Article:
To many who have heard dozens of adaptations, the song seems to bring together a random bunch of animals and people like "eight maids a-milking" and "11 pipers piping".
But the meaning behind the familiar and cheerful song may have been closely tied with religious teachings, according to historical theologian Associate Professor Bronwen Neil from the Australian Catholic University.
The 12 Days Of Christmas — usually interpreted to be a countdown to Christmas day by marketers — may have been in fact a secret teaching tool for Catholics during the 18th and 19th century.
While the original songwriter is unknown, the English version first appeared in a children's book in 1780.
Dr Neil said that in 1979, Canadian hymnologist Hugh McKellar floated the idea that the song had a secret code — a theory she said "had merit" but could not be proven.
"The carol was a secret catechism for Catholics in England when Catholicism was persecuted during the war of religions from Henry the VIII to 1829," Dr Neil told 702 ABC Sydney.
"This song gave them a chance to teach their kids knowledge of the saints and doctrine in a secret code when the Protestants were cracking down on the Catholics."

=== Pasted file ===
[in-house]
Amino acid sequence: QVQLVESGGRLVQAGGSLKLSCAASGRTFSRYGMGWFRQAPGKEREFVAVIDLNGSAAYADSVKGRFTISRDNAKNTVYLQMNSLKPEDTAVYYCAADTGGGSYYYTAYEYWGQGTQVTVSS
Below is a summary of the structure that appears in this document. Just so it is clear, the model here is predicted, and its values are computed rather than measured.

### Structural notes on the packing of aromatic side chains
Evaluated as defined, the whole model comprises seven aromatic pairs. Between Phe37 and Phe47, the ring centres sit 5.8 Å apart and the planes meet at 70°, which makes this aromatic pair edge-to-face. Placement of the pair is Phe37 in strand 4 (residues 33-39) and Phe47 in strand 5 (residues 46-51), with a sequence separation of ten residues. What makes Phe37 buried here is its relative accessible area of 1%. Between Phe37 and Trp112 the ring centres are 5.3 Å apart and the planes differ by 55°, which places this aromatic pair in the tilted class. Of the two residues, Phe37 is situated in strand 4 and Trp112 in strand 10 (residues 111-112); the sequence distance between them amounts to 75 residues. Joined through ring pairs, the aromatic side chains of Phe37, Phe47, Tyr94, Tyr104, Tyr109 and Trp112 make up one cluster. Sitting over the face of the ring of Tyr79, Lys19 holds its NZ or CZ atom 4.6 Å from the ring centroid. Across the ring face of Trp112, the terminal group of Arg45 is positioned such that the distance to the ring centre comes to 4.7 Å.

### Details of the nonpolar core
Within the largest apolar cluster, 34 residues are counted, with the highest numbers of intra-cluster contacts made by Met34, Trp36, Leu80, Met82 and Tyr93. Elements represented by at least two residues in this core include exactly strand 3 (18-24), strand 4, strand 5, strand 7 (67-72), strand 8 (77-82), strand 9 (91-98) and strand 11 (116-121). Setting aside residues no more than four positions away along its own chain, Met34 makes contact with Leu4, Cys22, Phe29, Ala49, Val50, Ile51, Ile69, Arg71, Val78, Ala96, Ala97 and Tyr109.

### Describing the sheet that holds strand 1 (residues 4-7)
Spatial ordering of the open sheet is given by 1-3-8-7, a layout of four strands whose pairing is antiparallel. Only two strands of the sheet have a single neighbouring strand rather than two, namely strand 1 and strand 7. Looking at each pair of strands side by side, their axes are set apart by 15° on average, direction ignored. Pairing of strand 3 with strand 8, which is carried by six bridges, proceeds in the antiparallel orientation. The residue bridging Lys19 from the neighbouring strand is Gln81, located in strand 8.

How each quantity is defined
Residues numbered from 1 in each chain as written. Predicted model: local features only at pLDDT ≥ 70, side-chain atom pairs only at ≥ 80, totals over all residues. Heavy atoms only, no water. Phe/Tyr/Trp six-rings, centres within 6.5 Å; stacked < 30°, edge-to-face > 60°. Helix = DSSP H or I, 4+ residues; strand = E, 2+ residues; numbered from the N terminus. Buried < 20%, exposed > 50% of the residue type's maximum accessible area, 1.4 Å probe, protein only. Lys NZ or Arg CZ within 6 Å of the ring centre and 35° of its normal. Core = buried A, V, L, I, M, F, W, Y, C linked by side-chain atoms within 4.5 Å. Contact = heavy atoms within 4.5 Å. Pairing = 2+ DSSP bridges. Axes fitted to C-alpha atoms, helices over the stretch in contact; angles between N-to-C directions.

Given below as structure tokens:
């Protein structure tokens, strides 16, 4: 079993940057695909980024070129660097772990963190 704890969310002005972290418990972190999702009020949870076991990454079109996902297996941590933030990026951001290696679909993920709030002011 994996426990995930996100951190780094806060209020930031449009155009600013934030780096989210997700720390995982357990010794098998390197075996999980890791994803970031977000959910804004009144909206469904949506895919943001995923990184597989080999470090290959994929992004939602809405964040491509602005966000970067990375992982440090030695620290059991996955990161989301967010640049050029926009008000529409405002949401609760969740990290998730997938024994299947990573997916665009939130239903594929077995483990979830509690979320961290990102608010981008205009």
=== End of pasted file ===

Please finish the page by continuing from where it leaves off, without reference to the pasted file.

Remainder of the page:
The true 12 days of Christmas varies across some 50 religious denominations, but the Catholic version has the Christmas season starting on December 25 and concluding with the Epiphany.
Each day represents the celebration of a martyr, saint or a feast connected with Jesus' birth.
Boxing Day for example, considered day two of Christmas, is the Feast of Saint Stephen, a deacon who gave present boxes to the poor.
"The feast wraps up on January 6, which is the revelation of Christ as the saviour and son of God to the world," Dr Neil explained.
"On that day, the Orthodox celebrate the baptism of Christ and the Catholics celebrate the arrival of the Magi — the three wise men with their presents [and] it's in their memory that we give presents."
The secret code
According to Ms Neil, each item in the 12 Days Of Christmas song was a metaphor for a bible story.
"On the first day of Christmas my true love gave to me, a partridge in a pear tree," symbolising God (true love) and Jesus Christ (the partridge).
Second day: Two turtle doves were the Old and New Testaments.
Third day: Three French hens represented the three gifts of faith, hope and love.
Fourth day: Calling birds were the four gospels.
Fifth day: Five golden rings were the Books of Moses.
Sixth day: Geese a-laying stands for the six days of creation.
Seventh day: Swans a-swimming were the seven gifts of the Holy Spirit.
Eighth day: Maids a-milking were the eight beatitudes.
Ninth day: Ladies dancing were the nine fruits of the Holy Spirit such as charity, peace and kindness.
Tenth day: Lords a-leaping represent the 10 Commandments.
Eleventh day: Pipers piping were the 11 apostles.
Twelfth day: Twelve drummers drumming represented the points of the Apostles Creed.